Well, the ebook version of my novel ‘The Artemis Effect’ has been out for a while, and I have been working behind the scenes to try and get the book out in hard copy versions.
Finally, after much gnashing of teeth, both hardcover and paperback proof versions are on their way across the waters to me! Hoorah! I’ll try and post some images of the quality when they arrive.
I’ve read other people’s posts on the pros and cons of Lulu versus Createspace, but all these posts seem to miss some of the big differences I’ve found between them, so here is my two bobs-worth. For those who don’t know, both firms are POD (Print on Demand) publishers. There may be other players out there, but these are the two I’m trying out. The information below is based on my personal experience with each of them, so let me know if I have misunderstood something, or if you found things very different. 🙂
* Will only make paperbacks. If you want a hardback version, you need to go elsewhere.
* Their templates for formatting the interior come in two different styles: one leaves you more or less to your own devices (this is the one I went with), and the other is much more prescriptive, in that it suggests where the copyright page, dedications etc should go.
* Their process seems pretty easy to understand, and I didn’t find conflicting information in different places.
* They don’t have a calculator to work out the cost of manufacturing until you have uploaded everything. (See later note on Lulu’s calculator.)
* Covers can be produced in two ways. Either you can ask the program to produce the template for your specific book, with all the necessary margins and bleed areas once you have uploaded the interior (for example, it takes into account how thick the spine will be based on the number of pages), and then you can provide a wrap-around cover to those specifications in pdf format. This is the way I went, with the assistance of my wonderful cover artist, Richard Morden. Createspace can provide an ISBN and barcode and will position this for you on the cover.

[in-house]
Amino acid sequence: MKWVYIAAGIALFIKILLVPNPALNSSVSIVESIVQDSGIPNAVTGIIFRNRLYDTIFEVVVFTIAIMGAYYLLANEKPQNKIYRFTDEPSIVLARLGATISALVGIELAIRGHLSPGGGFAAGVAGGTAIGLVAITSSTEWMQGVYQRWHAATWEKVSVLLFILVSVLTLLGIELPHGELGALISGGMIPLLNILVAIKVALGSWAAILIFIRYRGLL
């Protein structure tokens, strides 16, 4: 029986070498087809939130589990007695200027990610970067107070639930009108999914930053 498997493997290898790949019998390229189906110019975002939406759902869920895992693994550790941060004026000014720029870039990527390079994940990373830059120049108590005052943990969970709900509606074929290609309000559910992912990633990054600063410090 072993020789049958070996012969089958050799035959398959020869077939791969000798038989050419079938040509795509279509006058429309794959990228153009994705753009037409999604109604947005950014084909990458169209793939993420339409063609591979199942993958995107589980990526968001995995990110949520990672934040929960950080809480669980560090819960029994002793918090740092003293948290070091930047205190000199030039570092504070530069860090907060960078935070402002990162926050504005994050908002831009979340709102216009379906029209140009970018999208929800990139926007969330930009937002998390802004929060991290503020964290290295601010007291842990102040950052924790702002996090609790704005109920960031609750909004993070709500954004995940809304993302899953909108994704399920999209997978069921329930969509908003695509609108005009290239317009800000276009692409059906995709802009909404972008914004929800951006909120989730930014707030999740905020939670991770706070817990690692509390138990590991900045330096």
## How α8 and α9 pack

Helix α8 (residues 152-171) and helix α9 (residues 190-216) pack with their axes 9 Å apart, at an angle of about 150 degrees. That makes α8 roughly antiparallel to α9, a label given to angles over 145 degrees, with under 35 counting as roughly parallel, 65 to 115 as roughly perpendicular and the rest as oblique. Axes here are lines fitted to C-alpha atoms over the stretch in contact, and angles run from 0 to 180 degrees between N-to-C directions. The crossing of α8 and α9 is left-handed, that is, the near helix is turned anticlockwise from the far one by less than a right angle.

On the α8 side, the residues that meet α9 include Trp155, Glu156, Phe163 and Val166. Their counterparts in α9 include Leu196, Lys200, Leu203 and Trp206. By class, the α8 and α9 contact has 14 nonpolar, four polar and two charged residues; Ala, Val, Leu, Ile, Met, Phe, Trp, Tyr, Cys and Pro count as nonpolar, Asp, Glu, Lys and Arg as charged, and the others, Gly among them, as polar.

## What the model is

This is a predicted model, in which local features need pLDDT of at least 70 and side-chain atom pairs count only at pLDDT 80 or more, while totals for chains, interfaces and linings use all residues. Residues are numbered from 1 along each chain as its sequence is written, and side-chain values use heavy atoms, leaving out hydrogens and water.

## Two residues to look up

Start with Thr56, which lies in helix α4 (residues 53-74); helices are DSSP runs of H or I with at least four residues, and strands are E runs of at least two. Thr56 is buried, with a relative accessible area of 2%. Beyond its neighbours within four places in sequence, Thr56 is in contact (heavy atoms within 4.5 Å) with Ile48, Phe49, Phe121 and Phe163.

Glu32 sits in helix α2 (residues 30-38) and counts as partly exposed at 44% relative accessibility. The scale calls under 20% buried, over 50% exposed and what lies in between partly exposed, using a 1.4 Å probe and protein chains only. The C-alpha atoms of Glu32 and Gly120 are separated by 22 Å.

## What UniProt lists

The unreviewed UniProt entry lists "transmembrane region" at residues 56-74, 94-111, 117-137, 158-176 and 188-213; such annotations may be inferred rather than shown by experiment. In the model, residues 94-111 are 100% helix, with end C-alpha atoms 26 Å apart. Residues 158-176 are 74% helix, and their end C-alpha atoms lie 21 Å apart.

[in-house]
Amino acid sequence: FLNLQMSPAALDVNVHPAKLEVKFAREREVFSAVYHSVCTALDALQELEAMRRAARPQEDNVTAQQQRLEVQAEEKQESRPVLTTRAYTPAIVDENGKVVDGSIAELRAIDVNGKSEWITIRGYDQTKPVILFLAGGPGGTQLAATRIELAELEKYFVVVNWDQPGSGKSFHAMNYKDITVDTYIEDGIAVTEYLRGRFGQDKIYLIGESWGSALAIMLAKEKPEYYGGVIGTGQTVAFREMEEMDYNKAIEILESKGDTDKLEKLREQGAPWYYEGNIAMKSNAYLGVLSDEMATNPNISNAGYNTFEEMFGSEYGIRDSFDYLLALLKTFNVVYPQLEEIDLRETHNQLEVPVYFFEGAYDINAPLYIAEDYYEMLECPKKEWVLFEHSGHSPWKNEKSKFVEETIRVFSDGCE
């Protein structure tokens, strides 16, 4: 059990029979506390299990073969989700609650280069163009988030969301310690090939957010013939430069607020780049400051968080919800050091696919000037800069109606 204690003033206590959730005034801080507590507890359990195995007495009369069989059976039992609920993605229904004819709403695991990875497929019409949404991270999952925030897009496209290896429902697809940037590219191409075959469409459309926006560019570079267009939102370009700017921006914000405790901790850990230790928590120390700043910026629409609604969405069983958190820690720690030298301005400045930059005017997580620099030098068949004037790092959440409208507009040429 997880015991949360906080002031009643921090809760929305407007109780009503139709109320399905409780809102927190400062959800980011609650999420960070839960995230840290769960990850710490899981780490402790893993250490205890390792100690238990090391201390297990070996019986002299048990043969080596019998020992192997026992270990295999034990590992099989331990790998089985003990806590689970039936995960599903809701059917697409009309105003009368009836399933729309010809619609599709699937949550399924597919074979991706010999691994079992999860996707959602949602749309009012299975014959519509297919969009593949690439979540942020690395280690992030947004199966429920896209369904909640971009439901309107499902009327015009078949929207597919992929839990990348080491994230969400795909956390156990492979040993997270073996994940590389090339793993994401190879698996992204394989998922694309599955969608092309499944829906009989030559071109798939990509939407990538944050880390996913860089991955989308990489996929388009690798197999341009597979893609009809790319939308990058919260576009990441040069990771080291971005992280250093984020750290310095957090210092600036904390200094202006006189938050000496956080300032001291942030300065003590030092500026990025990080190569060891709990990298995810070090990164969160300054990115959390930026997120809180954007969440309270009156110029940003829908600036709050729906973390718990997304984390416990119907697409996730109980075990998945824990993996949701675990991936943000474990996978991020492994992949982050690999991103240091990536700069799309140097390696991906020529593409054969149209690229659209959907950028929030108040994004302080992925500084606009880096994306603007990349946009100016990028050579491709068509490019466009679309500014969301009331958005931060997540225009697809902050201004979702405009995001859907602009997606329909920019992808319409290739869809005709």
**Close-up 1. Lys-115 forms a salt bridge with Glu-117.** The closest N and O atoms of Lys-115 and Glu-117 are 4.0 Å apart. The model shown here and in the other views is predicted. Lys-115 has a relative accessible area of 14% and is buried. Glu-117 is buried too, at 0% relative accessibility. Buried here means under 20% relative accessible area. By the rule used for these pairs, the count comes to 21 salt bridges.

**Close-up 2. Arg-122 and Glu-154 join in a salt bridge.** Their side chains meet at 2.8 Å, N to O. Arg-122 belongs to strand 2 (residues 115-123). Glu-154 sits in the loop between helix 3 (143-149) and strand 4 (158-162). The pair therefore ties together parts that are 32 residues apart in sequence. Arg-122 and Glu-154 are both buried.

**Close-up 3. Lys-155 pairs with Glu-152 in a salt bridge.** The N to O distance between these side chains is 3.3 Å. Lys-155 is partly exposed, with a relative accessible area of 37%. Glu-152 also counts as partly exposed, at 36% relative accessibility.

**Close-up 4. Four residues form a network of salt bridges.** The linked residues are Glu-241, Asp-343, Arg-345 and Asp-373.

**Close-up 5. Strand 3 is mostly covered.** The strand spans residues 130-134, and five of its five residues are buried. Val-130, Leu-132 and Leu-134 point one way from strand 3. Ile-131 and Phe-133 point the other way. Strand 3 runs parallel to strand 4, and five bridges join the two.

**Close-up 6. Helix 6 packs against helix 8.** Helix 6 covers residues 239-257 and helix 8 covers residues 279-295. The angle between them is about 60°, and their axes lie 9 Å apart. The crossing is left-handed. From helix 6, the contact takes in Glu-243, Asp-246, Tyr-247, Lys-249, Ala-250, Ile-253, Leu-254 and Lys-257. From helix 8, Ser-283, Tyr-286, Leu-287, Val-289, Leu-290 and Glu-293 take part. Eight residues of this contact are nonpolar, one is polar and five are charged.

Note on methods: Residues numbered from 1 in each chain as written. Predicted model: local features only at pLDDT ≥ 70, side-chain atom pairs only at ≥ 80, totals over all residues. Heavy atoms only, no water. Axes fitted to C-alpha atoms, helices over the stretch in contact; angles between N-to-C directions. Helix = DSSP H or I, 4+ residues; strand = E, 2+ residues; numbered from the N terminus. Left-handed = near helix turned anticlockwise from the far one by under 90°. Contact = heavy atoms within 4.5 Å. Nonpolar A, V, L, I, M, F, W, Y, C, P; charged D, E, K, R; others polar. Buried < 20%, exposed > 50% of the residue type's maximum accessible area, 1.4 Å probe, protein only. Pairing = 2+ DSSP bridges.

Alternatively, you can use Createspace’s cover wizard, which is pretty prescriptive in terms of cover design – where to put the title, your name, etc. If you think of the templates loaded into Powerpoint or Keynote then you’ll have some idea of the look of these covers. Most of them looked pretty ordinary to me, but perhaps with dedication you can do it well.
* Createspace require an EIN or ITIN before you can put your book out there. This means tackling the frightening world of the American tax system, which for me meant a slightly terrifying phone call to a zombie lady in the middle of the night. I can only hope that I’ve done it right!
* The price of paperbacks on Createspace is much more reasonable. Mine will be retailing for about $14.95 US, which I hope is within sensible limits.
* Createspace only print in the US, as far as I can tell, so it can take a while for proofs and orders to arrive (up to 33 days to Australia!), although you can pay more for shipping and get them sooner.
* Createspace are associated with Amazon, but you can also opt for wider distribution (including to bookshops and libraries) for another $25.